Giving your friend one of your prescription painkillers or another prescription medication might seem like a no-brainer. If your friend is suffering, why don’t you try to help him? Well, tragically, in this context, being a Good Samaritan might get you in a little – or a lot – of trouble.
Sharing prescription drugs of any kind violates state and federal laws, which can result in a variety of criminal consequences. This can include fines, community service, probation, and even jail time.
What if they suffer?
It is against the law to possess or consume a prescription drug for which you do not have a prescription. It doesn’t matter if your friend tells you he’s in a lot of pain or just got home from the dentist.
Outside of the doctor-pharmacist prescription system, the distribution of any prescription drug is illegal. While it’s perfectly legal for you to take your medication, that same medication becomes illegal once you get it into the wrong hands.
This therefore means that giving your prescription drugs to your friend could make you guilty of dispensing (or even intending to dispense) prescription drugs without proper documentation. This is highly illegal.
It can also be extremely dangerous to consume or dispense drugs without a prescription. There are countless possibilities for serious complications that a doctor and pharmacist are aware of and that you may not be aware of.
Whether it’s incorrect dosage, allergies or side effects, taking a drug without the advice of a licensed physician can have life-threatening consequences. Don’t play doctor when your friend tells you he’s in pain.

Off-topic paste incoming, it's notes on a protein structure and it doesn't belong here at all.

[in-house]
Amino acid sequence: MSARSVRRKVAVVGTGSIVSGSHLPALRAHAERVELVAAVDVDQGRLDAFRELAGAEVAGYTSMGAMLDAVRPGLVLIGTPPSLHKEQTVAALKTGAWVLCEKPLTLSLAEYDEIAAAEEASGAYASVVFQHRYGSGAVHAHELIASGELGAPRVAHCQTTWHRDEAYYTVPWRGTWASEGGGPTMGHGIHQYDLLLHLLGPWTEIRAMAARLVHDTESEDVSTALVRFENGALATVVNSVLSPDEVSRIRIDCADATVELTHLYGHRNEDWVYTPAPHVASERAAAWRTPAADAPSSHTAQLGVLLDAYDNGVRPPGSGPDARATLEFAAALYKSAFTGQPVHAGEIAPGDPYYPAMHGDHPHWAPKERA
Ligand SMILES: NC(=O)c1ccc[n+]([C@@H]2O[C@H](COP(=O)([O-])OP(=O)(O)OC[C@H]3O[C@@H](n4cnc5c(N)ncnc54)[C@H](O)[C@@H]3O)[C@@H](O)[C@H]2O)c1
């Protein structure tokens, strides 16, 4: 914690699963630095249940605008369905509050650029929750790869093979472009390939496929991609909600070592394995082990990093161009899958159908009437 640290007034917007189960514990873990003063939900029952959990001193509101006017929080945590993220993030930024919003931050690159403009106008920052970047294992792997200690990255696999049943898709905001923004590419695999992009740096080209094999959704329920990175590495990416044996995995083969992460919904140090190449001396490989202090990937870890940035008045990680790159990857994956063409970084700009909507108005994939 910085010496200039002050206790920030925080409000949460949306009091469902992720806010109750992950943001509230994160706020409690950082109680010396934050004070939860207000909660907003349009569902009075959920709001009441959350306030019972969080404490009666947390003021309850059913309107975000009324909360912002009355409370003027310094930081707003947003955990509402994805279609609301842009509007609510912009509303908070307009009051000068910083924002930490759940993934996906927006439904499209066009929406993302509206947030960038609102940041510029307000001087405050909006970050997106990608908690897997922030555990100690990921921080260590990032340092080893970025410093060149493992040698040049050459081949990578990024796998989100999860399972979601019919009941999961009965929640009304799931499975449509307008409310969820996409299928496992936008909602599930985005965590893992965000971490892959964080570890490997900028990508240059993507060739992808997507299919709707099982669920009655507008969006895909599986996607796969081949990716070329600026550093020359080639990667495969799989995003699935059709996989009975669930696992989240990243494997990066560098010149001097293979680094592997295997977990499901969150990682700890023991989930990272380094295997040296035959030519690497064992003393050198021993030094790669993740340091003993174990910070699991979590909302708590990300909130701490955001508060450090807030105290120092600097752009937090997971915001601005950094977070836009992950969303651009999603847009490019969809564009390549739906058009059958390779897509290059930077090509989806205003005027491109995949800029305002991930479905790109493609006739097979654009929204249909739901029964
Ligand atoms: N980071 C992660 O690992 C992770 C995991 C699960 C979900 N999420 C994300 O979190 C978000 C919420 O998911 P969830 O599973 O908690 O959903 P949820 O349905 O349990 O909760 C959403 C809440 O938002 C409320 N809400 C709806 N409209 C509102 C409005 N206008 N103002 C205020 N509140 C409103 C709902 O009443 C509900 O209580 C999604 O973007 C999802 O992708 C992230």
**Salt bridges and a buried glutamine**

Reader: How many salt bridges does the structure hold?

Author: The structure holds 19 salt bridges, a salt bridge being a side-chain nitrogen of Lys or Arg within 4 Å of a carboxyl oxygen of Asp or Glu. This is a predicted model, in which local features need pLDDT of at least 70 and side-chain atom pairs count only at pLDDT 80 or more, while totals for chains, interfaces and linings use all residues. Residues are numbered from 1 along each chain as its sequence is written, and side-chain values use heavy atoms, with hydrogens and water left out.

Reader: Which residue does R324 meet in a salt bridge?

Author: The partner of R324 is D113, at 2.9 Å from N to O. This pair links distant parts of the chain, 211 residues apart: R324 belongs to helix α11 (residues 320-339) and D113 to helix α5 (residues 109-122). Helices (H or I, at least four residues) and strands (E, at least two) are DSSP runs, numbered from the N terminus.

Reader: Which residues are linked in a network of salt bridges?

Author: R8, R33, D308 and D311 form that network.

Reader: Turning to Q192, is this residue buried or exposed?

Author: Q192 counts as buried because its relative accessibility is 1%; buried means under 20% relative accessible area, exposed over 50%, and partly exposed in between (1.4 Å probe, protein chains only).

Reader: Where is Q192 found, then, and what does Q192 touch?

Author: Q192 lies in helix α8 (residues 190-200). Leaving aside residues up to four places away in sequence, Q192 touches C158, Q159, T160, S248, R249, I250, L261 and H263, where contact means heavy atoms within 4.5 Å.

What if we used the same prescription?
Even though the medicine is the same, unless you are a prescribing doctor, in the eyes of the law, giving your friend a prescription medicine is illegal and considered dispensing.
It doesn’t matter if your friend also has a prescription for Adderall or whatever else he asks of you, it’s still illegal. “But I don’t have mine with me” is not a valid excuse.
Can a friend pick up my prescription?
In most cases, it is acceptable for someone else to pick up an order on your behalf. There might be a specific protocol to follow, although it all depends on the judgment of the pharmacist.
In most cases, the pharmacist will simply verify that the person picking up the prescription knows the patient by asking for certain patient information (i.e. the patient’s address or date of birth), or the pharmacist may ask to see identification.
Therefore, a friend collecting your prescription for their own use is highly illegal.
So think twice before lending a friend one of your prescription Tylenol.
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